A water-to-water heat pump draws energy from groundwater. The energy is used to heat the house and tap water. A large part of the installation is therefore underground.
More reasons to switch to a heat pump
Great partnered with solar energy
Lower your energy costs by using renewable energy from the sun too. Our solar collectors are easy to install and produce up to 70% of the energy that your hot water heat pumps require.
Easy to connect
Daikin heat pumps are ideal for renovations and the replacement of old central heating boilers. The compact design requires minimal installation space and works perfectly with your existing pipes and delivery systems. So you can get the energy efficiency of a heat pump, without having to replace your entire system.
Green heat from the outside air
By extracting renewable energy from the air, the Daikin Altherma low-temperature air to water heat pump provides sustainable heating, cooling and the domestic hot water in your home.
WHAT IS THE COST?
Cheaper in the long run
There's no doubt that heat pumps are more expensive to buy than a traditional gas boiler. But if the system is well designed, and your house is well insulated, your energy consumption will be considerably lower with a heat pump.
The exact price of a heat pump installation is not easy to calculate as a 'rule of thumb' because it depends on the construction and energy efficiency of your home, as well as your preferences about how warm you like your home to be, whether you wish to include comfort cooling too and how much hot water you need for baths and showers.
Renewable Incentive Scheme
The Domestic Renewable Heat Incentive (RHI) is a government financial scheme to promote the use of renewable heat. For the latest information on the scheme, download the Government fact sheet.
WHAT COULD I SAVE?
Save the planet and save on your energy bill
An average family of four living in a four bedroom house spends on average £617 a year on gas and £659 on electricity. Gas is used to heat the house and hot water for taps, showers and baths. This calculation assumes an electricity price of 14.33p per kWh and a gas price of 3.63p per kWh.* The gas price will only increase in the coming years due to government policy and the climate agreement.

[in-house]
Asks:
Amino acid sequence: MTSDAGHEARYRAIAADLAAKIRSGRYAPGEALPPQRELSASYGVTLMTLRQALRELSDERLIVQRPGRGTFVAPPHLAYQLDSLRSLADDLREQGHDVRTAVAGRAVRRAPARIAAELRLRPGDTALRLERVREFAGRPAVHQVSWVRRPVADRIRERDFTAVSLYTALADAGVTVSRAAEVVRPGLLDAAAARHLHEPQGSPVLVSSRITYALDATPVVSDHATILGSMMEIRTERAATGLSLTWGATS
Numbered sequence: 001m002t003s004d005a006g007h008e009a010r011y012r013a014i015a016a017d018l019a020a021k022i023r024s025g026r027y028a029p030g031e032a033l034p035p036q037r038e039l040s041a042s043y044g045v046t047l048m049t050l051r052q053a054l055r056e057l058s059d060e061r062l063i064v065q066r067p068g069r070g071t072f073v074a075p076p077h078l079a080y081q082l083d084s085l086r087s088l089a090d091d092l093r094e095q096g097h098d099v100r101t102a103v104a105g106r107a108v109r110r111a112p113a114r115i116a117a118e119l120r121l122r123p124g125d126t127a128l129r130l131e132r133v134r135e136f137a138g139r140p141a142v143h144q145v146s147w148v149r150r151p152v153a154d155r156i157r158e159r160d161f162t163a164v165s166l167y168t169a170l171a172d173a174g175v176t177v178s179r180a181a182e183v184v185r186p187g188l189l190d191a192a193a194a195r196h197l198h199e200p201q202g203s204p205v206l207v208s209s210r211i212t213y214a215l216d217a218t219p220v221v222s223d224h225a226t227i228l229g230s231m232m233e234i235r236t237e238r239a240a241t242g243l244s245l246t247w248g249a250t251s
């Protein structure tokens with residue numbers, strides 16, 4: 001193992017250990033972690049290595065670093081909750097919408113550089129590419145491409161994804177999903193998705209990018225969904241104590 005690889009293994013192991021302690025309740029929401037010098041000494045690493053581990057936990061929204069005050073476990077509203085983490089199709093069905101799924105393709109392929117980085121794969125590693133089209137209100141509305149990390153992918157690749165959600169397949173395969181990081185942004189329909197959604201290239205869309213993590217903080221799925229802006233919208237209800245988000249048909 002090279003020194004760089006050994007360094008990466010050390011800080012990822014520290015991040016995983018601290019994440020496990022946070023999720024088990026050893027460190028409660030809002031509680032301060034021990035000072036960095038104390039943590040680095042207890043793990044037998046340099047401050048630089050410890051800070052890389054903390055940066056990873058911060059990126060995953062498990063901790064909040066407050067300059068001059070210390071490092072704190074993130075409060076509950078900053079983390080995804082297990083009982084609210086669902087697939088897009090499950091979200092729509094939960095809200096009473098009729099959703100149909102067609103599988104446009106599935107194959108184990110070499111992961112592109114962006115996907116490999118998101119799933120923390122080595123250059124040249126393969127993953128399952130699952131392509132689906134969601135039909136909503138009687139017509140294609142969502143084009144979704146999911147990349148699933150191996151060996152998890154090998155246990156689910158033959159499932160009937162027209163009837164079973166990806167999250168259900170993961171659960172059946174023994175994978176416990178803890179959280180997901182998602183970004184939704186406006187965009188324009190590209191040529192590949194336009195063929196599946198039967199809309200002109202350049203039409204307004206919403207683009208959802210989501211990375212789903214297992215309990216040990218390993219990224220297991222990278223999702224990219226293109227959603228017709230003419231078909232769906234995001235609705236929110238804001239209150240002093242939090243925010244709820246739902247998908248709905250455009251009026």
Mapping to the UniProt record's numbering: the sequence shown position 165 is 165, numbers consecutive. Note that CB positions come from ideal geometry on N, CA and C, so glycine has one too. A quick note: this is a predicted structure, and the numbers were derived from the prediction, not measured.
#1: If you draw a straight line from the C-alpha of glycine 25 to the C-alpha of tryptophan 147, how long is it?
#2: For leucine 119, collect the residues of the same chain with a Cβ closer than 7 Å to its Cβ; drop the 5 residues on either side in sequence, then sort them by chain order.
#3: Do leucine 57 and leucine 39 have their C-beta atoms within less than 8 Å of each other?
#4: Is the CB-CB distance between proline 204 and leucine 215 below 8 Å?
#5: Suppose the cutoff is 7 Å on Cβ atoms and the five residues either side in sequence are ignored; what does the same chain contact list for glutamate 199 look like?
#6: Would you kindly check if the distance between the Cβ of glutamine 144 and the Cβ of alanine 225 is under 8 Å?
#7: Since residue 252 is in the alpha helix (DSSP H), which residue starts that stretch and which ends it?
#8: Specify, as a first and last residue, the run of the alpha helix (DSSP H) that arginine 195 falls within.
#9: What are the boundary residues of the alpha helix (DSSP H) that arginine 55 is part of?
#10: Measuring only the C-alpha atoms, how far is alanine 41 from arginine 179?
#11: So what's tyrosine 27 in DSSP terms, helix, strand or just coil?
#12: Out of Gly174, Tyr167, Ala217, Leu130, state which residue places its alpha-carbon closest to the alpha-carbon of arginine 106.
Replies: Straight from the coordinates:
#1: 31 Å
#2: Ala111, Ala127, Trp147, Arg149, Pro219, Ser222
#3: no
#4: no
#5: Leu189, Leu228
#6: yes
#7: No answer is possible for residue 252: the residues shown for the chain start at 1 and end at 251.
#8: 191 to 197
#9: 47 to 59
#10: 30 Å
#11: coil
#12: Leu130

In a typical UK household, more than half the money spent on fuel bills goes towards providing heating and hot water. A fully electric heat pump uses electricity instead of gas to heat the house and produce hot tap water. This will save on your gas costs, while increasing electricity costs. However for homes that do not have a gas supply and are reliant instead on oil for heating, the savings can be significant.
According to the Energy Saving Trust, the potential savings of installing an air-source heat pump in an average sized, four-bedroom detached home are:
- £560 to £650 compared with an old G-rated gas boiler
- £930 to £1,100 compared with an old G-rated oil boiler
- £1,065 to £1,315 compared with electric storage heaters
- £1,365 to £1,610 compared with an old G-rated LPG boiler
Even comparing with a new A-rated boiler, the savings can still be up to £660. And from an environmental point of view, the carbon savings range from 1980kg compared with a new A-rated boiler right up to 7100kg compared with an old G-rated oil boiler. So installing a heat pump really does reduce your energy bill as well as reducing your environmental impact!
*Source: British Gas
DO THE CHECK
Is my house ready
TOGETHER WE HAVE THE
ENERGY FOR CHANGE
What's the installation like?